U.S. Marine Staff Sgt. Liam Dwyer perfectly demonstrates the resilience and resolve of our wounded warriors.After his tours of duty in Iraq and Afghanistan, he was already a hero, but now he’s poised to be a champion.
In car racing.With one leg missing.
As Boston.com reports, “Dwyer lost his left leg, and suffered injuries to his right leg, both arms, and his lower abdomen, on May 21, 2011 after he stepped on a IED in Afghanistan. The fateful blast occurred when he was searching a compound in Sangin district. Four other marines were injured.”
Dwyer was also injured during his 2007 tour of duty in Iraq, taking shrapnel to the body. After serving there, he left the military and took up car racing as a hobby, but returned in 2010 when he was asked to join a special team heading to Afghanistan.He’ll be retiring from the Marines the end of May and now is free to pursue his dream career in racing.
However, the Marines were initially unsure about the wisdom of his career choice.
“They told me, ‘This is dangerous, you’re going to get hurt,’” Dwyer said. “And I was like, ‘You’re the ones who sent me to Afghanistan, a place where I got blown up, and you’re worried about me getting into a car accident? Let’s get real here. I’m 33 years old. I can make my own decisions. If I want to race cars, who are you to tell me ‘No’? Why can you restrict me from doing something I want to do, after everything I’ve been through?” Dwyer’s teammate and co-driver Andrew Carbonell says of him, “It’s crazy. There’s no better example of never giving up.”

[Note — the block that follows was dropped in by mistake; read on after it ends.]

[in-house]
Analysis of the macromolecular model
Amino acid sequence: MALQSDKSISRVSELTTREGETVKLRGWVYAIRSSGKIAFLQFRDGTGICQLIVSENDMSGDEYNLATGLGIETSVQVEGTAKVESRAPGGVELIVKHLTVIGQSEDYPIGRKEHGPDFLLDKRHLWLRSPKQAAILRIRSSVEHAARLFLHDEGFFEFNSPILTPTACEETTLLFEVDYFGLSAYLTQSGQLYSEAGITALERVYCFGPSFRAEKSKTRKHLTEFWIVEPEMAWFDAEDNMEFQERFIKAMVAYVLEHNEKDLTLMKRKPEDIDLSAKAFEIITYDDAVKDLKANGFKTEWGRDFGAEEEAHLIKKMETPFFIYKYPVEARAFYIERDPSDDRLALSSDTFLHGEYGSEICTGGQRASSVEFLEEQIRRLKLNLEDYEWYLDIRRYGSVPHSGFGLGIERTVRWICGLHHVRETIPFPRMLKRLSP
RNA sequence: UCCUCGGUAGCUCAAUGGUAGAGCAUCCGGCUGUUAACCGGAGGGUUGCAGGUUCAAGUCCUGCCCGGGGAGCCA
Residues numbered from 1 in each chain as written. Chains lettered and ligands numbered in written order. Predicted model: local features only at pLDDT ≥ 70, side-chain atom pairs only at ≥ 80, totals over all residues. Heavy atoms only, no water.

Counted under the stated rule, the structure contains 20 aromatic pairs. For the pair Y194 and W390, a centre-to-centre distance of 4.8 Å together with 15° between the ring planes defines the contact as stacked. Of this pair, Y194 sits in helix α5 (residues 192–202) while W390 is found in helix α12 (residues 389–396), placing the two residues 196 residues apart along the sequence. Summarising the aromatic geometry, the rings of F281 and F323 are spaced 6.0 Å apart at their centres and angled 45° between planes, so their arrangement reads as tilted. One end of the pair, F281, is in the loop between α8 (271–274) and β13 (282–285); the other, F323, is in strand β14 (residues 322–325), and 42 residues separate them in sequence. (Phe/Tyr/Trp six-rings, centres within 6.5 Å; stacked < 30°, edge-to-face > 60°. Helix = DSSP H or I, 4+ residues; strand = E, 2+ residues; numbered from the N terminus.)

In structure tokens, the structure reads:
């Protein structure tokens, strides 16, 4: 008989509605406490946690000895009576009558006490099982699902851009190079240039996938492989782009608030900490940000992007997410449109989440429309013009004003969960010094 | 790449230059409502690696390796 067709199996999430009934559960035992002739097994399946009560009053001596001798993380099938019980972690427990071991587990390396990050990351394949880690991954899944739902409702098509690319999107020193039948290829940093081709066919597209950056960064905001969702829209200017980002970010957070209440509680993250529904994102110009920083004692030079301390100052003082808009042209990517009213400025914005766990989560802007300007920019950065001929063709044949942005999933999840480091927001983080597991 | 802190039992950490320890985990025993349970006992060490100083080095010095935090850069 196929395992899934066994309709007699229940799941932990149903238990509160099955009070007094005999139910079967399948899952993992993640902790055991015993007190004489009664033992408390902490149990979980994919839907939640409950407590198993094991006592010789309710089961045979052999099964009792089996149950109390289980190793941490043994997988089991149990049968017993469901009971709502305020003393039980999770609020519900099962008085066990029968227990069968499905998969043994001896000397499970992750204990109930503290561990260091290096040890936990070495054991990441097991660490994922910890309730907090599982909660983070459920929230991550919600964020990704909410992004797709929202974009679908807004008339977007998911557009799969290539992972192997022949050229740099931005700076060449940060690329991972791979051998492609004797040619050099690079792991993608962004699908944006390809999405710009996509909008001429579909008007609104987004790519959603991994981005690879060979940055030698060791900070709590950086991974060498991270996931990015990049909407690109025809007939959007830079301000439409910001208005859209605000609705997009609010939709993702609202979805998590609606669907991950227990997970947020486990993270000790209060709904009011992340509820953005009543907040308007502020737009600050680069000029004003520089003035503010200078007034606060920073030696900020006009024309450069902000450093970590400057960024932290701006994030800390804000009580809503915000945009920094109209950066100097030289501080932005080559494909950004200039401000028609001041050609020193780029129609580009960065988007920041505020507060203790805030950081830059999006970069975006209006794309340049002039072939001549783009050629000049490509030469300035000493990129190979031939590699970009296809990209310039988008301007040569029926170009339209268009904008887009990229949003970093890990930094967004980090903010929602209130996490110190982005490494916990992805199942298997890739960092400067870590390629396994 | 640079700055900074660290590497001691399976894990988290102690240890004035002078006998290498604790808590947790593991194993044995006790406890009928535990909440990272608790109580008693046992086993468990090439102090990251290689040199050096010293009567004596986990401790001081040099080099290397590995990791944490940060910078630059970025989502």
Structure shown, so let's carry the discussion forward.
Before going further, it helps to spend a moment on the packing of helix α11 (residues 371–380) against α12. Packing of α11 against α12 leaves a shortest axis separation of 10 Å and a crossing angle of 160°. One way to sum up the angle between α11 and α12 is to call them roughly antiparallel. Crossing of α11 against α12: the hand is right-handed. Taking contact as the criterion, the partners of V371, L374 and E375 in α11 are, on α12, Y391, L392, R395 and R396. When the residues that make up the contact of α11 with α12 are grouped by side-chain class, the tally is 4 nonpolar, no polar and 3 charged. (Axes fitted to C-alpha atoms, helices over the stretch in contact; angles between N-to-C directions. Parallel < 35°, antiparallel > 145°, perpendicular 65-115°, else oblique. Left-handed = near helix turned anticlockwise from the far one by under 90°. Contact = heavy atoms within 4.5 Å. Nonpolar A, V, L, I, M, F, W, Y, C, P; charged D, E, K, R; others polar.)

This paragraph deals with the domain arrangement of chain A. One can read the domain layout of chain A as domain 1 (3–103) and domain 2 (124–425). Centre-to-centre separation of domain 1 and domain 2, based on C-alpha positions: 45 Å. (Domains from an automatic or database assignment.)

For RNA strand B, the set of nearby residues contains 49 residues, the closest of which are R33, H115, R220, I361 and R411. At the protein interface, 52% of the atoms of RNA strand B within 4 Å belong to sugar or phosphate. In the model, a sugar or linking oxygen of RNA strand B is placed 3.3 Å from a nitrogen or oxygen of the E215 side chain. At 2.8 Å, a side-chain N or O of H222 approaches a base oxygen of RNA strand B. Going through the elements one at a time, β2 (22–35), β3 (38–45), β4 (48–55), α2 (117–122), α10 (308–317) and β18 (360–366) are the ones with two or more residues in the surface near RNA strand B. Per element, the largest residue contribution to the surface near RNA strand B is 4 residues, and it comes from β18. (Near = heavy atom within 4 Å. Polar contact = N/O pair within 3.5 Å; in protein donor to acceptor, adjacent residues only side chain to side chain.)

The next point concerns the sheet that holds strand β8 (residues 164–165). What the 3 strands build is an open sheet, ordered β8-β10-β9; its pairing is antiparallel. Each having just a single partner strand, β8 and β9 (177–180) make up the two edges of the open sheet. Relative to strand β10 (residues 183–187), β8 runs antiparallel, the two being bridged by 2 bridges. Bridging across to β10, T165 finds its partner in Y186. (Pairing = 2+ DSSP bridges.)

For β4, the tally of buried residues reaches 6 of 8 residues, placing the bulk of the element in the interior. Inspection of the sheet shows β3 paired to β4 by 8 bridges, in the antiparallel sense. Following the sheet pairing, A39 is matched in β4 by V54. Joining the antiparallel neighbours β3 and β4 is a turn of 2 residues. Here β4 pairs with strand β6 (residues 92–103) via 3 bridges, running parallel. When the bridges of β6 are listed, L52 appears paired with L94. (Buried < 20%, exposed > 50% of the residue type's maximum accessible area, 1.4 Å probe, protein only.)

“On the track, Dwyer garnered national media attention from ESPN and Fox Sports when his team won the IMSA Continental Tire SportsCar Challenge event at Lime Rock Park in Connecticut last Memorial Day Weekend.”
“That Dwyer can race — competitively — is a marvel of technology and spirit. He uses his left leg prosthetic to control the clutch. It has a base shaped like a foot attached with Velcro to the pedal. He also uses a hand control to pre-load his brakes when he’s approaching a turn. Where driver swaps once took nearly 45 seconds with Dwyer, his team now accomplished them in about 10 or 11 seconds, which is considered average.”
And there’s no better example of the indomitable American spirit. Go, Liam go!